The world portrayed in these old movies is more and more a relic of the past with so many of the virtues and values seemingly going extinct in a world where more is better and where everything needs to happen NOW.

Seeing the old black-and-white does something good for my heart. The same goes for Technicolor. A lot of the newer movies may look and sound better, but they ain’t got the same soul (to appropriate a line from a Bob Seger song).

The old movies were about telling stories about real people who laughed and cried, loved and lost,  lived and died. There weren’t any CGI effects– just witty dialogue and fleshed-out characters.

I’ll have to look up one of Gloria’s movies and watch it in her memory. RIP to another from a golden age gone forever.

Old Books

I do love old books. I have quite the collection.

True, most of them aren’t in the best of shape and they aren’t probably worth a whole lot, but they have sentimental value for me.

One that I’m looking at right now as I write this is an 1892 Book of Common Prayer that I’ve had for long enough to not be able to remember where I got it or what I paid for it.

I’d love to climb into a time machine and be transported back to 1892, a la H. G. Wells. Since that is not likely to be an option any time soon, I’ll settle for a piece of 1892 in this little prayer book that looks like it’s 123 years old. Like I said, it’s not in the best condition. But it’s mine.

Some old things are good. Old friends and old pets are the best. Just ask my 15-year old feline. Finding old yearbooks and listening to old music can bring back the best memories.

Yeah, I’m old-fashioned. I don’t listen to much current top-40 music or go see the newest movies. I prefer old music and Turner Classic Movies, the channel that shows all the classics.

Maybe, at some point, I’ll find an edition of that 1892 prayer book that’s in better shape than mine is. If that’s the case (and if the price is right), I’ll snatch it right up and add it to my already ridiculous amount of books.

Until then, I’ll handle the one I’ve got with tender love and care. Maybe I should try that with the people who are currently in my life.

Your mission, should you choose to accept it, is to turn off all your smart devices and electronics and go somewhere small and quiet and actually read a book. You know, the one with actual pages that you turn by hand. Those kind.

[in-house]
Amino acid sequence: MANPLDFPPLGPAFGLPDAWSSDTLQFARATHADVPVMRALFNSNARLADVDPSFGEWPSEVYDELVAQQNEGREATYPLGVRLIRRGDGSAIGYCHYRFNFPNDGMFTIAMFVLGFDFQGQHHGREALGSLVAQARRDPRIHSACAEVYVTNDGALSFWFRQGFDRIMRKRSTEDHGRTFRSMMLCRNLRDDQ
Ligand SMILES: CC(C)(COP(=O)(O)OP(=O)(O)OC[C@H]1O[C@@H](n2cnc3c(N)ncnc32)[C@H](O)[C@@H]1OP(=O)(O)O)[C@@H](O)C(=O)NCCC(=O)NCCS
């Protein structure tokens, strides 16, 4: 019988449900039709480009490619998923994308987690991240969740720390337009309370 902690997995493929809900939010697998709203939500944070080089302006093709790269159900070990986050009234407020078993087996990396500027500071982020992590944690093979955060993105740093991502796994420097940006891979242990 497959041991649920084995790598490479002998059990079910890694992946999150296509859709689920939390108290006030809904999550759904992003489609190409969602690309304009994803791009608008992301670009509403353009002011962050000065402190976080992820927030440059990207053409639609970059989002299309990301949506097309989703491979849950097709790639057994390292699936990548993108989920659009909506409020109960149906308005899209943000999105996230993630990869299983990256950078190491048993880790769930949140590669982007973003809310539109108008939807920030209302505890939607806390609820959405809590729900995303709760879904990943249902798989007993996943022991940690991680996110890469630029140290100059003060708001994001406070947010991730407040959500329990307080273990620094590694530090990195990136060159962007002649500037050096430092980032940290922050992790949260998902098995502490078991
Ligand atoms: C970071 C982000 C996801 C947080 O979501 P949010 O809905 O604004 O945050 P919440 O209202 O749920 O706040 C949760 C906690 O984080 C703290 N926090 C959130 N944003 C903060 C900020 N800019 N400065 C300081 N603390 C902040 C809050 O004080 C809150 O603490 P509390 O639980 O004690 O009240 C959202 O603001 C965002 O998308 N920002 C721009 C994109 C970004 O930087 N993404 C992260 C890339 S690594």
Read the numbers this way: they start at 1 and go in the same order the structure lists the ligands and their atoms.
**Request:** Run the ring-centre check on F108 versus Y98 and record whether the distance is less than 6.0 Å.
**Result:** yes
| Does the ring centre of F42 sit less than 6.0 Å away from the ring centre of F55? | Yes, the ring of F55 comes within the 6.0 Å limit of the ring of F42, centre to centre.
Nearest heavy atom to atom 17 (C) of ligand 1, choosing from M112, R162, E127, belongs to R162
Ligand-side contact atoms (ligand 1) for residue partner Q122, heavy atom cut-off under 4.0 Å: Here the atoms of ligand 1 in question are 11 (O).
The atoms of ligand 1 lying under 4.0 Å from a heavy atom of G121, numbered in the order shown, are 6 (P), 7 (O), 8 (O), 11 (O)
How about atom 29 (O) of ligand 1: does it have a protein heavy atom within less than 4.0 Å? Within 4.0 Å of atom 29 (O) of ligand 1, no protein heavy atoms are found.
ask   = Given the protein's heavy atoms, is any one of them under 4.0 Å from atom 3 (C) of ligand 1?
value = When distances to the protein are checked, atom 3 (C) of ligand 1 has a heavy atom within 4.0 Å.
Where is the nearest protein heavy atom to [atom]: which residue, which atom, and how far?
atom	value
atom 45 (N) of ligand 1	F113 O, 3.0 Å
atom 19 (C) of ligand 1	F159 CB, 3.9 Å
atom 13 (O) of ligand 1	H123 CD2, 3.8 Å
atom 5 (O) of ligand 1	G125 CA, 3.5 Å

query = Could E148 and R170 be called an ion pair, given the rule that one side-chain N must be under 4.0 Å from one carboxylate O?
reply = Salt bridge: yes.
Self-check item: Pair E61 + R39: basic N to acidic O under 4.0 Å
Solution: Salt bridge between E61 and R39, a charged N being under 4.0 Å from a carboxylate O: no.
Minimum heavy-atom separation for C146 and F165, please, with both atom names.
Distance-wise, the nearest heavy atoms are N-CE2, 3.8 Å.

Try it sometimes.


Your January Report from Yours Truly (Borrowed from TCM)

I always love when they have the monthly updates from TCM about new DVD releases, as well as biographies about the classic movie stars and information about upcoming classic movie festivals.

As they say, imitation is the sincerest form of flattery, so here’s my own January report:

I recently read a fantastic book by Mark Batterson (In a Pit with a Lion on a Snowy Day,  Wild Goose Chase, The Circle Maker) called The Grave Robber. It looks seven miracles of Jesus from the Gospel of John from the viewpoint that the God who did those miracles back then is the same God who is just as capable of producing miracles in this day and age. It definitely came at a time when I needed a spark of renewal and revitalization in my own faith, so I give it two thumbs way up.


Also, I’ve been listening to some old Bob Dylan. By that I mean his first eight studio albums, remastered and released in mono. I love the way he has with words, even if I don’t always understand completely what he’s singing about. Plus, I’m sure my two uncles are smiling down from heaven at this musical selection.


In keeping with the 60’s theme, I went to the library and checked out an old movie adapted from a Neil Simon play, Barefoot in the Park. It features Robert Redford and Jane Fonda, both looking radiant and very young in this film. It’s a comedy that manages to be funny and intelligently witty at the same time, a rare feat for Hollywood.


I think that wraps up my report for January. Hopefully, I’ll be able to keep you updated on my latest book, movie, and music finds that will probably not be new (or possibly even new to you) but they will be new to me.

So until next time, watch TCM and keep me posted on what you are reading, listening to, and watching these days.